A drug-addicted Melbourne anaesthetist has been accused of infecting 56 of his patients with hepatitis C by injecting himself with opiate-filled syringes, before using them on his patients. While his gross misconduct is clearly the cause of their infection, the fact that patients can potentially acquire blood-borne illnesses from health-care practitioners prompts us to ask whether patients have a right to know the infectious disease status of their health-care providers.
The professional expectation of physicians is best summarised by the phrase do no harm. But physician behaviour (misconduct or malpractice) can cause harm; so can a physician’s health status. And, of course, the matter is not restricted to physicians: the health-care workforce comprises many professionals including dentists, midwives, podiatrists, physiotherapists, paramedics and nurses.
Australian health-care workers who are impaired by drug addiction, alcohol abuse or dependency and mental disorders can be restricted from practise by their registration board. The assessment is based on their clinical competency and the desire to protect patient safety. But what about health-care workers (including students, trainees and volunteers) who are infected with serious viruses such as hepatitis B, hepatitis C, or HIV?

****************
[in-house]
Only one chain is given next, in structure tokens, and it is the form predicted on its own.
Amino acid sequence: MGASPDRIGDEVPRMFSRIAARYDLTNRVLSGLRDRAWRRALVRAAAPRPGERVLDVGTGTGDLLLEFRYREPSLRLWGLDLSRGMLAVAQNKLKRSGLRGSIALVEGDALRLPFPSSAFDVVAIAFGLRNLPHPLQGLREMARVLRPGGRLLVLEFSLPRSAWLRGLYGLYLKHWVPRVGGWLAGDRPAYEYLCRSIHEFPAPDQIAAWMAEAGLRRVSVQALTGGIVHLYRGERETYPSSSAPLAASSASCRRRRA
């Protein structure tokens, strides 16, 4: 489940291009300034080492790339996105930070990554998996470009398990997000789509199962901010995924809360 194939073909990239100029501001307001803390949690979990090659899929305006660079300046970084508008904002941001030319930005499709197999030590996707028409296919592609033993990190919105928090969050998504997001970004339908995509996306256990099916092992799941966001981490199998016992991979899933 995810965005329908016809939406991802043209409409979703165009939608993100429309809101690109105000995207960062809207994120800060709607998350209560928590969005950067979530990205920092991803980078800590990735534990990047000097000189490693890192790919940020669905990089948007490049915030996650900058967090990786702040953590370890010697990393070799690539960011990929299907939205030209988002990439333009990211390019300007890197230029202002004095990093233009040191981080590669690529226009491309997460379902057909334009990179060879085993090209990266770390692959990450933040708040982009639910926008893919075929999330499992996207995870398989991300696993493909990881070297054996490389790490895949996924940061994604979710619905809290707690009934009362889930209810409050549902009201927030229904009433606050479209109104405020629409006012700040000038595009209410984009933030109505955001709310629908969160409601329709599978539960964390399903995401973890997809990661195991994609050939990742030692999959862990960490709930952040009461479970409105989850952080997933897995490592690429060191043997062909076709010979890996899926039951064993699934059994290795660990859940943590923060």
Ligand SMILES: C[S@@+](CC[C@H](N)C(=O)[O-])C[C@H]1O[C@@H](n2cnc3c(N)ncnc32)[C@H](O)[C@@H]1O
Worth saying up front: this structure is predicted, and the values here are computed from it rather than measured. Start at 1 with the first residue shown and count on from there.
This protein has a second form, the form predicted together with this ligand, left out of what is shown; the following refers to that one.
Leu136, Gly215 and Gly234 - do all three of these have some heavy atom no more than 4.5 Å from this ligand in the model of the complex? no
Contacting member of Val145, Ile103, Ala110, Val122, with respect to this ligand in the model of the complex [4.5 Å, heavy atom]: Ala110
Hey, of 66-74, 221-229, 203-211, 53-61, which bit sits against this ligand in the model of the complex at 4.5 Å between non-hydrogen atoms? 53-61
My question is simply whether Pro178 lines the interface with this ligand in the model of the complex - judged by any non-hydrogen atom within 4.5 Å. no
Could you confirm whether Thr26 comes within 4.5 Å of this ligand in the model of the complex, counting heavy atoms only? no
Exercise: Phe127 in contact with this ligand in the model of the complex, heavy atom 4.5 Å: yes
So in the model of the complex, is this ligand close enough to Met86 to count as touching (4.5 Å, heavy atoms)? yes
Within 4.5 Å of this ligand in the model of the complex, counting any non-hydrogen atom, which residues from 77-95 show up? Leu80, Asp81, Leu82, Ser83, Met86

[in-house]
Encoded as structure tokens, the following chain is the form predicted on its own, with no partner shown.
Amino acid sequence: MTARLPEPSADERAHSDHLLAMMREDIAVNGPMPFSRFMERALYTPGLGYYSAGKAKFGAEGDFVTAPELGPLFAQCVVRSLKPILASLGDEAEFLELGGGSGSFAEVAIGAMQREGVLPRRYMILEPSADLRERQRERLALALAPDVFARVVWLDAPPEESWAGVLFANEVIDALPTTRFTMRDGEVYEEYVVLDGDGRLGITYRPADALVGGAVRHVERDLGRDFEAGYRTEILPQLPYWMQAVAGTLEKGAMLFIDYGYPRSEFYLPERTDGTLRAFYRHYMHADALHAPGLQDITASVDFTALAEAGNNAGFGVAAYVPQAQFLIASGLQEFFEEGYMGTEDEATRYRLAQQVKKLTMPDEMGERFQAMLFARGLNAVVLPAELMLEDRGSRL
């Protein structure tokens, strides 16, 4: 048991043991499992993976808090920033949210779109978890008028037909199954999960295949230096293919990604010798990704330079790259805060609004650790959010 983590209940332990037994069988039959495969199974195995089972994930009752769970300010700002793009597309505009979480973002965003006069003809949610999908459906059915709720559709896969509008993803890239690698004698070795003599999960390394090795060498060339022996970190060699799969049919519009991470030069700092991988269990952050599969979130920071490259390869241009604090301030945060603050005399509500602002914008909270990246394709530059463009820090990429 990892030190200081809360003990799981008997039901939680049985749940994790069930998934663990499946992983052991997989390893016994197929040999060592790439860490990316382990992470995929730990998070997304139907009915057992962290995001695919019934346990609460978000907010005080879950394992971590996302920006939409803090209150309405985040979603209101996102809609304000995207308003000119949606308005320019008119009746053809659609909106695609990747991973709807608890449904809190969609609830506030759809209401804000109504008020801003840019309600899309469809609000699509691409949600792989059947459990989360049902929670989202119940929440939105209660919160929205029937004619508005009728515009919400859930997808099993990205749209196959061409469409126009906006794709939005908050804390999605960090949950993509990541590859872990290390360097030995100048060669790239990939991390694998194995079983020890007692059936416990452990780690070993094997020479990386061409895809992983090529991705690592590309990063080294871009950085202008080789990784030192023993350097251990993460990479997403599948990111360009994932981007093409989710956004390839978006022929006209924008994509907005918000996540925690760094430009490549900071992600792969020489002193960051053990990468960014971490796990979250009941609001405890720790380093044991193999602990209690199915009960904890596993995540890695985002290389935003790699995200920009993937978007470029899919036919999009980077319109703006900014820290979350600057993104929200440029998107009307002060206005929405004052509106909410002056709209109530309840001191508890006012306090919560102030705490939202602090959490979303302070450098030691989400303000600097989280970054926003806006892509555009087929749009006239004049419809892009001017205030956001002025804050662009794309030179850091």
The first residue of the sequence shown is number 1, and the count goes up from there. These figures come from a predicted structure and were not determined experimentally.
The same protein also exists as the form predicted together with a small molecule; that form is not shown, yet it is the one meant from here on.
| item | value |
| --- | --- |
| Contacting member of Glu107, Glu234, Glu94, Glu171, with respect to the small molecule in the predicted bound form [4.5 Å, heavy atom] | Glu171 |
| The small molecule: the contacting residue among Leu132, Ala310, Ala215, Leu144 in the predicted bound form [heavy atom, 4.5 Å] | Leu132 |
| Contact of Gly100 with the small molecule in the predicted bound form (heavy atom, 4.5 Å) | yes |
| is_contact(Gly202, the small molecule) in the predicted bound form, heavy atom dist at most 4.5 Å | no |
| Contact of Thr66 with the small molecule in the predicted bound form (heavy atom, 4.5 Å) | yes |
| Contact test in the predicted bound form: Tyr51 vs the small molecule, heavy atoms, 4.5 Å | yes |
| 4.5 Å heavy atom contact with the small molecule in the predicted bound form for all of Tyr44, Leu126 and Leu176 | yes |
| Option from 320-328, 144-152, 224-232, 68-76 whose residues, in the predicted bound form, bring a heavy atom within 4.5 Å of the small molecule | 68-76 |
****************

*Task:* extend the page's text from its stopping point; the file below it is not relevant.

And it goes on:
Reducing the risk of infection
It’s important to note that the overall risk of transmission of HIV from infected clinicians to their patients is very low: about 2.4 to 24 per million procedures. The risk of transmission of HIV from a patient to a clinician through mishaps such as needle-stick injuries is much higher, at around 0.3%.
The views, opinions and positions expressed by these authors and blogs are theirs and do not necessarily represent that of the Bioethics Research Library and Kennedy Institute of Ethics or Georgetown University.